The World Cup is the largest single sporting event in the world, coming around every four years. Several large brands have paid tens of millions to own advertising and sponsorship rights, and FIFA works hard to stop other brands capitalising on its crown jewel event.
That doesn’t stop many products aligning themselves with World Cup fever. These brands have shown that you don’t have to break FIFA’s intellectual property rules to claim a bit of World Cup glory.
Scotland didn’t qualify for this year’s World Cup finals. The famously Scottish drinks brand, Irn-Bru, has played on this by giving away a holiday in the Maldives.
Irn-Bru’s Twitter campaign took the idea of the Scottish national team taking a holiday instead, and extended this to include a competition for fans.
Irn-Bru then poked fun at ITV’s studio decor, by suggesting that Lee Dixon was sitting inside a bottle of the distinctively-coloured drink.
Irn-Bru’s pinned tweet is a video of a man being injured by a small wave on a beach before being treated by a magic sponge and a bottle of Irn-Bru, complete with football-style commentary. You can watch the video here.
Carling isn’t an official World Cup 2018 sponsor, but it is a big player in the Premier League. The beer brand has used this status to talk about the World Cup, while being careful not to mention the World Cup by name.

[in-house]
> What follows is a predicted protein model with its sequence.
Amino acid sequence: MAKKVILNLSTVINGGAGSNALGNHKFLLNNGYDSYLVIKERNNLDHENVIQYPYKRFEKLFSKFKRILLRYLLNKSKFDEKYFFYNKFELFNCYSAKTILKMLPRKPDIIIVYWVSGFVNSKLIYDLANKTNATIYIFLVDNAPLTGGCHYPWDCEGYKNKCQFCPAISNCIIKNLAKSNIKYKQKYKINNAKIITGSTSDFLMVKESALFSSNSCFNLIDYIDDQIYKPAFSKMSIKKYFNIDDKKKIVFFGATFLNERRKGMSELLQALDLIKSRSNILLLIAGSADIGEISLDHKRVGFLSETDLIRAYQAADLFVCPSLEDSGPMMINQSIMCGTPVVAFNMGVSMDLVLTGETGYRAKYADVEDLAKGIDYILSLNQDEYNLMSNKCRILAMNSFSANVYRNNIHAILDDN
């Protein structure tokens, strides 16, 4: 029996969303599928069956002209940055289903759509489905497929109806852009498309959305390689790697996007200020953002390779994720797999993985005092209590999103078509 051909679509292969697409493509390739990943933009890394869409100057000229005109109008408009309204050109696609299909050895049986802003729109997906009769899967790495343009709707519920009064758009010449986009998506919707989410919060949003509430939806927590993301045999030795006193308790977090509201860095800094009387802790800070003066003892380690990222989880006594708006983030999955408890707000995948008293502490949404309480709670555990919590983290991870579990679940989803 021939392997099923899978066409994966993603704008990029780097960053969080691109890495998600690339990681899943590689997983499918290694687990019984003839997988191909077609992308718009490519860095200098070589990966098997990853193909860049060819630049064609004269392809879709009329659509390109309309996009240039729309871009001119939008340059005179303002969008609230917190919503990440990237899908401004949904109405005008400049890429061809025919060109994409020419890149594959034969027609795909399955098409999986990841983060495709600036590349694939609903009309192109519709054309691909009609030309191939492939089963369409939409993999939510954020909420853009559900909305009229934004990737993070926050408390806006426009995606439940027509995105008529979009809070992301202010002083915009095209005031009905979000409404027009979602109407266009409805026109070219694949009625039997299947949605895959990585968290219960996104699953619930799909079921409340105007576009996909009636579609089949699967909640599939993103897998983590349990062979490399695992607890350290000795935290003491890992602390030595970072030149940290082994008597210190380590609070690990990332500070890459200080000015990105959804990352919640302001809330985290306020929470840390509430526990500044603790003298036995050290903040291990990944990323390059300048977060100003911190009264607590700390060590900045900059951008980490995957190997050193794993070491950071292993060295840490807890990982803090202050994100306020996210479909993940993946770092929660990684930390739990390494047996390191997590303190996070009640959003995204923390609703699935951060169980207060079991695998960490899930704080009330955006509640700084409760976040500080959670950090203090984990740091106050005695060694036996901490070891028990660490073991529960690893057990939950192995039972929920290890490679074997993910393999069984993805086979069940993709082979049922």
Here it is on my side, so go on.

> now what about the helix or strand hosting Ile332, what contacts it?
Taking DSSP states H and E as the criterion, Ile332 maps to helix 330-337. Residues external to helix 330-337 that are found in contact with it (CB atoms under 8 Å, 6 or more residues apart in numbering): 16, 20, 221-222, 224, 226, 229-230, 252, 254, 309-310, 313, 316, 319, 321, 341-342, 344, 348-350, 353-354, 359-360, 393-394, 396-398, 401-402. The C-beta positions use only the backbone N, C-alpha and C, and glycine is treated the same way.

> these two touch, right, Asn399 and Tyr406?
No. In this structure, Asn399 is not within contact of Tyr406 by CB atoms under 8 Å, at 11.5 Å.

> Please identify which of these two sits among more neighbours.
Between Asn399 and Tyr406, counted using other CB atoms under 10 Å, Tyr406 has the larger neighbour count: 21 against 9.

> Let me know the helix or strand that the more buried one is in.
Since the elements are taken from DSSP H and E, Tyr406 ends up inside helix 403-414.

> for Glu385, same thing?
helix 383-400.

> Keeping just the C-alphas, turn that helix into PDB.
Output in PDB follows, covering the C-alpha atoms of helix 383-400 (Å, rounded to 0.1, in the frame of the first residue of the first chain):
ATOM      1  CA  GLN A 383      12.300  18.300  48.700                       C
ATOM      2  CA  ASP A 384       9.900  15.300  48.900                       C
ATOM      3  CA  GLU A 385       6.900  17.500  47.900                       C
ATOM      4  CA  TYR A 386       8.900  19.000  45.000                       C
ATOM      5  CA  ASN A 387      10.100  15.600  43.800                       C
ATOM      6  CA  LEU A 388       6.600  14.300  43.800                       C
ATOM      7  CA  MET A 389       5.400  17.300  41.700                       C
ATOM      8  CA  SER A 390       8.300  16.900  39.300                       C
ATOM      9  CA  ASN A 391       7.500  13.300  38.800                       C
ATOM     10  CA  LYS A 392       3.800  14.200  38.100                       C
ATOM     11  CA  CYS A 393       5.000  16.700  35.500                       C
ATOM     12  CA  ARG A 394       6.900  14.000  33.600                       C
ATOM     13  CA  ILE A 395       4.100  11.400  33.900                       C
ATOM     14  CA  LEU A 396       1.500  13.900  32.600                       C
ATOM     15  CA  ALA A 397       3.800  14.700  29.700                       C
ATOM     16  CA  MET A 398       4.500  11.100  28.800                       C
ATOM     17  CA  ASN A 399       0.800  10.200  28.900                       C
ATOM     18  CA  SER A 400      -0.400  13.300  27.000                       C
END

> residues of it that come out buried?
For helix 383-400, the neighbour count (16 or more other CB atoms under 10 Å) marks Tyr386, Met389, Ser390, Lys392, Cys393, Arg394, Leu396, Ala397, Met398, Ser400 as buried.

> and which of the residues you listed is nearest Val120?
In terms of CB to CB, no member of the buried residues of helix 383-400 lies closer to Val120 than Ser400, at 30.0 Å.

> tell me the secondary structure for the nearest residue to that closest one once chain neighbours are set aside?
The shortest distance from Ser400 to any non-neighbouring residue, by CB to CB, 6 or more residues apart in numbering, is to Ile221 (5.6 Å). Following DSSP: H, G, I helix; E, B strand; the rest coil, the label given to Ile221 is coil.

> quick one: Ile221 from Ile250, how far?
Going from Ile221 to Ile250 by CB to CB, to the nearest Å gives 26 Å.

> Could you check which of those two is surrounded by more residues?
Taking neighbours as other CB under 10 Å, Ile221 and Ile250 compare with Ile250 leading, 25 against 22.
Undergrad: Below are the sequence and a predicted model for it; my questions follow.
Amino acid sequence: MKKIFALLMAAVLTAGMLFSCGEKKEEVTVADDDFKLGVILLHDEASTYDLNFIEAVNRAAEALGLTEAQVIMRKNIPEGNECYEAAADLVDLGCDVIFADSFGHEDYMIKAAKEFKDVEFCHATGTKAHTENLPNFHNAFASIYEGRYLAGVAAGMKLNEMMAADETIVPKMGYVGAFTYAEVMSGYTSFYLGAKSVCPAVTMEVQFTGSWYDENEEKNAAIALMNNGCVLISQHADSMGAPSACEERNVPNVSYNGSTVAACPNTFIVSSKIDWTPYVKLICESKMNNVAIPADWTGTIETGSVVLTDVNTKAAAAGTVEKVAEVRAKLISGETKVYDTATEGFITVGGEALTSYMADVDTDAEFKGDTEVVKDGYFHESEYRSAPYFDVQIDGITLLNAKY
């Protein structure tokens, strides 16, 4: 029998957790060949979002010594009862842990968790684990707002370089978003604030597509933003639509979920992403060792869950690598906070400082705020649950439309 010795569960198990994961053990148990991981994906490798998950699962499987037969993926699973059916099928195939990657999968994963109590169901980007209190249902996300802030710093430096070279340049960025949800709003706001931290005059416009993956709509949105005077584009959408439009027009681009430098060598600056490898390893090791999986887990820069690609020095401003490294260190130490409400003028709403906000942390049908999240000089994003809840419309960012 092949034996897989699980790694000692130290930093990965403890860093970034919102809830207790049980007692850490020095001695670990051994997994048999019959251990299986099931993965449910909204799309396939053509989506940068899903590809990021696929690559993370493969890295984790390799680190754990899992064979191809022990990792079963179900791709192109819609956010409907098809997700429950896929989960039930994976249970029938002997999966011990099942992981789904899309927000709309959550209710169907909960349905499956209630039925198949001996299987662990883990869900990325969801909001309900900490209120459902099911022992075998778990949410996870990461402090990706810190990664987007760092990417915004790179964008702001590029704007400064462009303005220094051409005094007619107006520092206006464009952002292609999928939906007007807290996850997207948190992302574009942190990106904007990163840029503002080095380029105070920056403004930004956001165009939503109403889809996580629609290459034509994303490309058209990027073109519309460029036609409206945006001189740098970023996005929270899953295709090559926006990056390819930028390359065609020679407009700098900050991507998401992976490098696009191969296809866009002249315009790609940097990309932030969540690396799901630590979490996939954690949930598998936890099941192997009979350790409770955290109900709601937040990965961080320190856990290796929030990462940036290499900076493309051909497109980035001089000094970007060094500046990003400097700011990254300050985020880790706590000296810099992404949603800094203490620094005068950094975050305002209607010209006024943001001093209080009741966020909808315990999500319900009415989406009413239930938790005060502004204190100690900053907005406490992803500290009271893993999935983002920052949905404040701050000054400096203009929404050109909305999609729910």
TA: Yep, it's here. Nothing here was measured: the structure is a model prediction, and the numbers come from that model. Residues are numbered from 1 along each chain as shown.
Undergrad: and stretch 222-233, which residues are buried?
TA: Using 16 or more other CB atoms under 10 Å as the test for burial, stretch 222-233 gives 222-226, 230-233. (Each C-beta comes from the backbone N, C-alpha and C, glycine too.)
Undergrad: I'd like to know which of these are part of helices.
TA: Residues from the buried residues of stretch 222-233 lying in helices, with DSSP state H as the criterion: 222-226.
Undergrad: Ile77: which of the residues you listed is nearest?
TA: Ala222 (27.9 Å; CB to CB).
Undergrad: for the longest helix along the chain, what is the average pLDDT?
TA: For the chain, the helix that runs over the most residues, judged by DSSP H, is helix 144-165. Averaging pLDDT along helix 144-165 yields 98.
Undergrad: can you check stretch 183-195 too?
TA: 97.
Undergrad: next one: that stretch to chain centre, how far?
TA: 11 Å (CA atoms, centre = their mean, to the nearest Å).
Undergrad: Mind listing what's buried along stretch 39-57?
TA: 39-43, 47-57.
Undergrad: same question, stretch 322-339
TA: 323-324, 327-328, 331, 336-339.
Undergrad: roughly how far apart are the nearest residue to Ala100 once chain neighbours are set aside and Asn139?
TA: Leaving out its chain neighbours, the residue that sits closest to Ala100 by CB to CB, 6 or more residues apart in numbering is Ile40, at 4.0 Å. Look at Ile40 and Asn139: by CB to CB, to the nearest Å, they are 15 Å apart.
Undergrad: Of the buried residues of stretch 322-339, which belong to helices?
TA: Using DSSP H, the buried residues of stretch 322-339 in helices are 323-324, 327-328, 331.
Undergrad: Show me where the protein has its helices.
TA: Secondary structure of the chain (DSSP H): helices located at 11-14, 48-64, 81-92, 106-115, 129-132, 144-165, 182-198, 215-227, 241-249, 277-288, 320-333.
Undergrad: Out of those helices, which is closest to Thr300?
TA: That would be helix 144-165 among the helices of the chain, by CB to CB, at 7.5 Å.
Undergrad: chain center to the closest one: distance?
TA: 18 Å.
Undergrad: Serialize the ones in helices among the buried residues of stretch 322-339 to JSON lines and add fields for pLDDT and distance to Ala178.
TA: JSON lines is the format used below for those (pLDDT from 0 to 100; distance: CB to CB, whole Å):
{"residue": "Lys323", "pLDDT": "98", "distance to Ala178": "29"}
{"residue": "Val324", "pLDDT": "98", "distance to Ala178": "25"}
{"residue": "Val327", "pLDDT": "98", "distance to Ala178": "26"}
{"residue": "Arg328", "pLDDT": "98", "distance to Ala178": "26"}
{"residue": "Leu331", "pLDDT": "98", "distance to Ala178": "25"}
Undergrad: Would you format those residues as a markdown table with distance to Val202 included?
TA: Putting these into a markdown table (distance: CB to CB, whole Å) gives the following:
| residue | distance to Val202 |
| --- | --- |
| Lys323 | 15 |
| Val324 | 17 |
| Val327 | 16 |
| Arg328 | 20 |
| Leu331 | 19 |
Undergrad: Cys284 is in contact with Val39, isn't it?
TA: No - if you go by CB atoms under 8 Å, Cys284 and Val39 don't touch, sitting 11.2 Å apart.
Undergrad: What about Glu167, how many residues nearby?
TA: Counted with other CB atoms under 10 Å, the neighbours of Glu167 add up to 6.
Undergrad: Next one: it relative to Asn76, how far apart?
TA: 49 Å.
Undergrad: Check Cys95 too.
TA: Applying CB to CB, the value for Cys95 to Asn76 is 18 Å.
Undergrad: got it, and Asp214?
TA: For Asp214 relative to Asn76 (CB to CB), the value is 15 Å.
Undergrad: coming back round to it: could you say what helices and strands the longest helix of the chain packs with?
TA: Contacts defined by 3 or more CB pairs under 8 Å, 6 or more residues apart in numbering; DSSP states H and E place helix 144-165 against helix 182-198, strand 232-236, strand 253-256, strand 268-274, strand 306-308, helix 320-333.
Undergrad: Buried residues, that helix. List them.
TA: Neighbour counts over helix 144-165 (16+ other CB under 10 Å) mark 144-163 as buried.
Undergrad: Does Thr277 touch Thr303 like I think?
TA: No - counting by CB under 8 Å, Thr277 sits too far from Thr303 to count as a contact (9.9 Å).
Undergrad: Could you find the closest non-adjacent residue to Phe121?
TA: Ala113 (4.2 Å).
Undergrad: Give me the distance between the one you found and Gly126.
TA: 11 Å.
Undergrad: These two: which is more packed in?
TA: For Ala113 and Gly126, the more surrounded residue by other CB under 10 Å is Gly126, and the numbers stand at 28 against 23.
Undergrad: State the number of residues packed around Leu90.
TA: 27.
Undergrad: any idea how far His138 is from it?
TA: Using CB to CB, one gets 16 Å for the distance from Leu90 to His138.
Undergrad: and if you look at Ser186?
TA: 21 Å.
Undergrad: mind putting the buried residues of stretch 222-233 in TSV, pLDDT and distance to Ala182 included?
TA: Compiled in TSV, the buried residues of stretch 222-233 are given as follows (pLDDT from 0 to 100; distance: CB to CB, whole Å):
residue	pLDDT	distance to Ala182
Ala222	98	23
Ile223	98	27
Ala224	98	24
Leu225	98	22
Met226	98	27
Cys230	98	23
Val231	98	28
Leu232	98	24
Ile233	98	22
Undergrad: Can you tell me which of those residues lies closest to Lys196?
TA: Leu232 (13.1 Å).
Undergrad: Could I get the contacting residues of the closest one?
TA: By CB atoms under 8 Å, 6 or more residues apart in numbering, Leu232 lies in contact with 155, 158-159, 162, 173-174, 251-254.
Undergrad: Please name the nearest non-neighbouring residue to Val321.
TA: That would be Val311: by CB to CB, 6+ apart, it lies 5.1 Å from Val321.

There’s this tweet, featuring some of the top stars at the tournament in an animated GIF.
Carling is also giving away £1,000 cash prizes to customers who find golden cans. The pinned tweet cleverly suggests the golden can as a golden trophy, and the prize-driven campaign ensures visibility for the brand in parallel with the World Cup event.
Kellogg’s Wholesale tweeted this display of Pringles in the shape of a football stadium – much to the delight of Pringles, who retweeted it.
Pringles has itself teamed up with Rio Ferdinand and Daniel Sturridge for a campaign about goal celebrations.
Speaking of goal celebrations, Sport Relief has taken advantage of some ready-made England footage for this tweet.
We collated heaps of data from previous World Cups to see if it was possible to predict the winner. Here’s what we discovered:
Can data predict the winner of the World Cup?
Steve (RIP) was Services Director for Vertical Leap. He started professional life as a magazine journalist, working on music magazines and women's titles before becoming a web editor in 1997, then joining MSN to work purely in online publishing. Since 1999 he has worked for and consulted to a broad range of businesses about their digital marketing.
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